Austindias Week 14/15

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Background on Tai et al. (2007)

This study evaluated the acclimation of Saccharomyces cerevisiae to low temperature using a two nutrient chemostat method. Prior to this paper the authors mention the common use of batch cultures. The authors suggest the superiority of the two nutrient chemostat in comparison to the batch cultures utilized in previous studies because of its ability to separate the effects of growth rate and temperature on gene expression at low temperatures. The main findings of the Tai et al. (2007) were:

  • It is not possible to only change a single parameter without an effect on any others, even using the chemostat culture approach
  • The only indistinguishable group of genes that was similarly regulated in low-temperature chemostats and batch culture studies on low-temperature adaptation were related to lipid metabolism
  • Trehalose is not involved in steady-state low-temperature adaptation
  • Transcript levels of environmental stress response genes were reduced at 12 C
  • Significant differences between transcriptional response to low temperature occur between long term exposure in comparison to abrupt temperature change
  • Transcriptional responses to low temperature and low specific growth rate can be separated by using chemostat cultures instead of batch cultures
  • It is highly important to differentiate phases of physiological adaptation in response to environmental change
  • Response to low temperatures by S. cerevisiae is not entirely dependent on changes in transcription


The objective of this assignment was to develop a MATLAB code that could model the chemostat used in Tai et al. (2007). The previous objective was to discover paramaters from this paper that could be applied to our MATLAB model. After performing this step, our next goal was to identify the activation energy and frequency factor constant, in addition to constructing a fuction of E (efficiency) in terms of y (residual glucose).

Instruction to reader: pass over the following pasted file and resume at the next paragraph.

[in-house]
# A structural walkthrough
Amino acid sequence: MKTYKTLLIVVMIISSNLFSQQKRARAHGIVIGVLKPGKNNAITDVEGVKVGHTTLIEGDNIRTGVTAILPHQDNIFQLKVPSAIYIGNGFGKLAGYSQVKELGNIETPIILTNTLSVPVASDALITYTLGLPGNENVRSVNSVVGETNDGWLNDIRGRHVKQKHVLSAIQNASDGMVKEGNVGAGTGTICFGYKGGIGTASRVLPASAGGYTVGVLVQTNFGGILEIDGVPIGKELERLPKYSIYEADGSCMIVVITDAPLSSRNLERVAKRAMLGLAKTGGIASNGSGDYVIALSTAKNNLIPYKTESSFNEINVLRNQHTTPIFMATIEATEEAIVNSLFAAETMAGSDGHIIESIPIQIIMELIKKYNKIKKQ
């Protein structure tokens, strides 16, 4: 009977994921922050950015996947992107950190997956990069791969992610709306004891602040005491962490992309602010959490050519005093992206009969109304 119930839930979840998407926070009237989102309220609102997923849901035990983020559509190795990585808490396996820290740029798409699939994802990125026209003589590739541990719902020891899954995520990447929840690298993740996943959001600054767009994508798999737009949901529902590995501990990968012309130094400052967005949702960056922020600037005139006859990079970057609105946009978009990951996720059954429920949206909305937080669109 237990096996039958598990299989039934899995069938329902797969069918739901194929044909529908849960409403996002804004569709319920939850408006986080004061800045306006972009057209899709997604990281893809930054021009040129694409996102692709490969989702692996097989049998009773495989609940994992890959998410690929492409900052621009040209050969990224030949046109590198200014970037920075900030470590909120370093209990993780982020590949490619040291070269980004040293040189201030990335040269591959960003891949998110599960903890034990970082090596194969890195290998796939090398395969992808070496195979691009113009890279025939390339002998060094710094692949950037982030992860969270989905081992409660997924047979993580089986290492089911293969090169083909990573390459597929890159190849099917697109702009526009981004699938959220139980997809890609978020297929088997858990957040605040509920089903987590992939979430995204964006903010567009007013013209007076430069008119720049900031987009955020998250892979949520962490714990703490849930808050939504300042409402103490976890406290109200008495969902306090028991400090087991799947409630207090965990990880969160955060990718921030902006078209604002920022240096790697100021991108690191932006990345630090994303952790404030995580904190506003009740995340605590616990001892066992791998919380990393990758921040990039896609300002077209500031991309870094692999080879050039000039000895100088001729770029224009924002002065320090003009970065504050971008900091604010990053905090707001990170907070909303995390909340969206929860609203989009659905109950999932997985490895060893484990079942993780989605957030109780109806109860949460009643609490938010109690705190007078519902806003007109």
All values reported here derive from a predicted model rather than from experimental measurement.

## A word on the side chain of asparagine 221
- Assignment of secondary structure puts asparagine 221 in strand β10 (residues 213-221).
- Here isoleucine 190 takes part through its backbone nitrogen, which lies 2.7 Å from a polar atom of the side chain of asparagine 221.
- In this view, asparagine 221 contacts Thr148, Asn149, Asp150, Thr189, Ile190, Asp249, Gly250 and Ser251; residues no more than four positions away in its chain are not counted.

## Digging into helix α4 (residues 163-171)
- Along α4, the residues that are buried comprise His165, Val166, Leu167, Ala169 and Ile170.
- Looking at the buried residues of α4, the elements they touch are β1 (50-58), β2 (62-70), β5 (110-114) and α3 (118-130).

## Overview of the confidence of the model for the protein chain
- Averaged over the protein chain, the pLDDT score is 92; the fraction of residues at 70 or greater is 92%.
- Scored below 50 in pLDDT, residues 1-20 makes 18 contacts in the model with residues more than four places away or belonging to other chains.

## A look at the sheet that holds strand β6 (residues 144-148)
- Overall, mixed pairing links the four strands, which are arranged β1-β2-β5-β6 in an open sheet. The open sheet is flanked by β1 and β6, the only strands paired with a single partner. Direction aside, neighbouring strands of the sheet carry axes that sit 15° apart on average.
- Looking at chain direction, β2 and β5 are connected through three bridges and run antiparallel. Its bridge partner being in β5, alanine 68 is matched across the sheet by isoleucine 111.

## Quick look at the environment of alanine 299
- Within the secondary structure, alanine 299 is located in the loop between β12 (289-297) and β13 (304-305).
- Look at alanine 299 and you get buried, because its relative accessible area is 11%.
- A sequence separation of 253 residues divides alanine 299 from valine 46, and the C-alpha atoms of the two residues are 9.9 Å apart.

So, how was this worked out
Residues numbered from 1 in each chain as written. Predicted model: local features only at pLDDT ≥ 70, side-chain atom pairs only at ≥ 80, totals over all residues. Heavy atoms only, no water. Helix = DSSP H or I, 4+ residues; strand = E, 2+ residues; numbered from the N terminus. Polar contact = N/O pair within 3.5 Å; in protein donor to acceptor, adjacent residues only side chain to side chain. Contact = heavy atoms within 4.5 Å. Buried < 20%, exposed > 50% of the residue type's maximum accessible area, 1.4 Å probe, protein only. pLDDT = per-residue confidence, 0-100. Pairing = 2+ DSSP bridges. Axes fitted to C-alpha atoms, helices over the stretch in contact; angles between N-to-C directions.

Mathematical Reasoning: Solving for 'A' and 'B'

  • Graphed ln K versus 1/T

lnK versus 1/T Plot

  • The slope of this graph was calculated to help solve for 'B'
    • slope = -8400.36 = -Ea/R
    • Ea = B = 69,840.59
  • Used Arrhenius equation (rate = A*exp(-B/(R*T)) to solve for 'A'
    • A = 4.979 x 10^11
  • Solved for the rate at 15, 20, and 25 C
    • 15 C
      • r = (4.979 x 10^11)e^(-69840.59)/((8.314)(288.15)) = 0.1087
    • 20 C
      • r = (4.979 x 10^11)e^(-69840.59)/((8.314)(293.15)) = 0.17874
    • 25 C
      • r = (4.979 x 10^11)e^(-69840.59)/((8.314)(298.15)) = 0.289

Mathematical Reasoning: Investigate the glucose efficiency/waste constant

m = (y-y)/(x-x)

12 C

  • m = (14.3-20)/(0.5045-16.22)
  • m = 0.363

30 C

  • m = (14.3-25)/(.0541-15.33)
  • m = 0.7004

E = my + b

12 C

  • 14.29 = (0.363)(0.5045) + b
  • b = 14.107

30 C

  • 14.29 = (0.7004)(0.0541) + b
  • b = 14.252

Overall Equations:

12 C

E = 0.363y + 14.107

30 C

E = 0.7004y + 14.252


Original Modeling of Two Nutrient Chemostat:

-Glucose 12 C -Glucose 15 C

-Glucose 20 C -Glucose 25 C -Glucose 30 C

Adjusted Model for E = myEff(y) Comaprisons

Comparison of Original Efficiency Versus Efficiency as a Function of Residual Glucose at 12 C

Comparison of Original Efficiency Versus Efficiency as a Function of Residual Glucose at 30 C

MATLAB files

Chemostat MATLAB Files

Final Presentation

Temperature Dependence and Nutrient Use Efficiency of Chemostat Reaction


  • Met with my homework partner Sahil Patel on several occasions to work through the assignment
  • Met with Edward Ryan R. Talatala once in person to help create a function of E (efficiency) in terms of y (residual glucose)
  • Alison S. King Helped with inputting specific growth rate values at 15, 20, and 25 C into MATLAB model

Austindias (talk) 07:10, 9 May 2019 (PDT)


Activation Energy. (n.d.). Retrieved from

Dahlquist, K. and Fitzpatrick, B. (2019). BIOL388/S19:Week 14/15. [online] Available at:Week 14/15 Assignment Page [Accessed 6 May 2019].

Dias, A. (2019). BIOL388/S19:Week 14/15. [online] Available at: Week 9 Assignment Page [Accessed 8 May 2019].

Tai, S. L., Boer, V. M., Daran-Lapujade, P., Walsh, M. C., de Winde, J. H., Daran, J. M., & Pronk, J. T. (2005). Two-dimensional transcriptome analysis in chemostat cultures combinatorial effects of oxygen availability and macronutrient limitation in Saccharomyces cerevisiae. Journal of Biological Chemistry, 280(1), 437-447.

Tai, S. L., Daran-Lapujade, P., Walsh, M. C., Pronk, J. T., & Daran, J. M. (2007). Acclimation of Saccharomyces cerevisiae to low temperature: a chemostat-based transcriptome analysis. Molecular Biology of the Cell, 18(12), 5100-5112.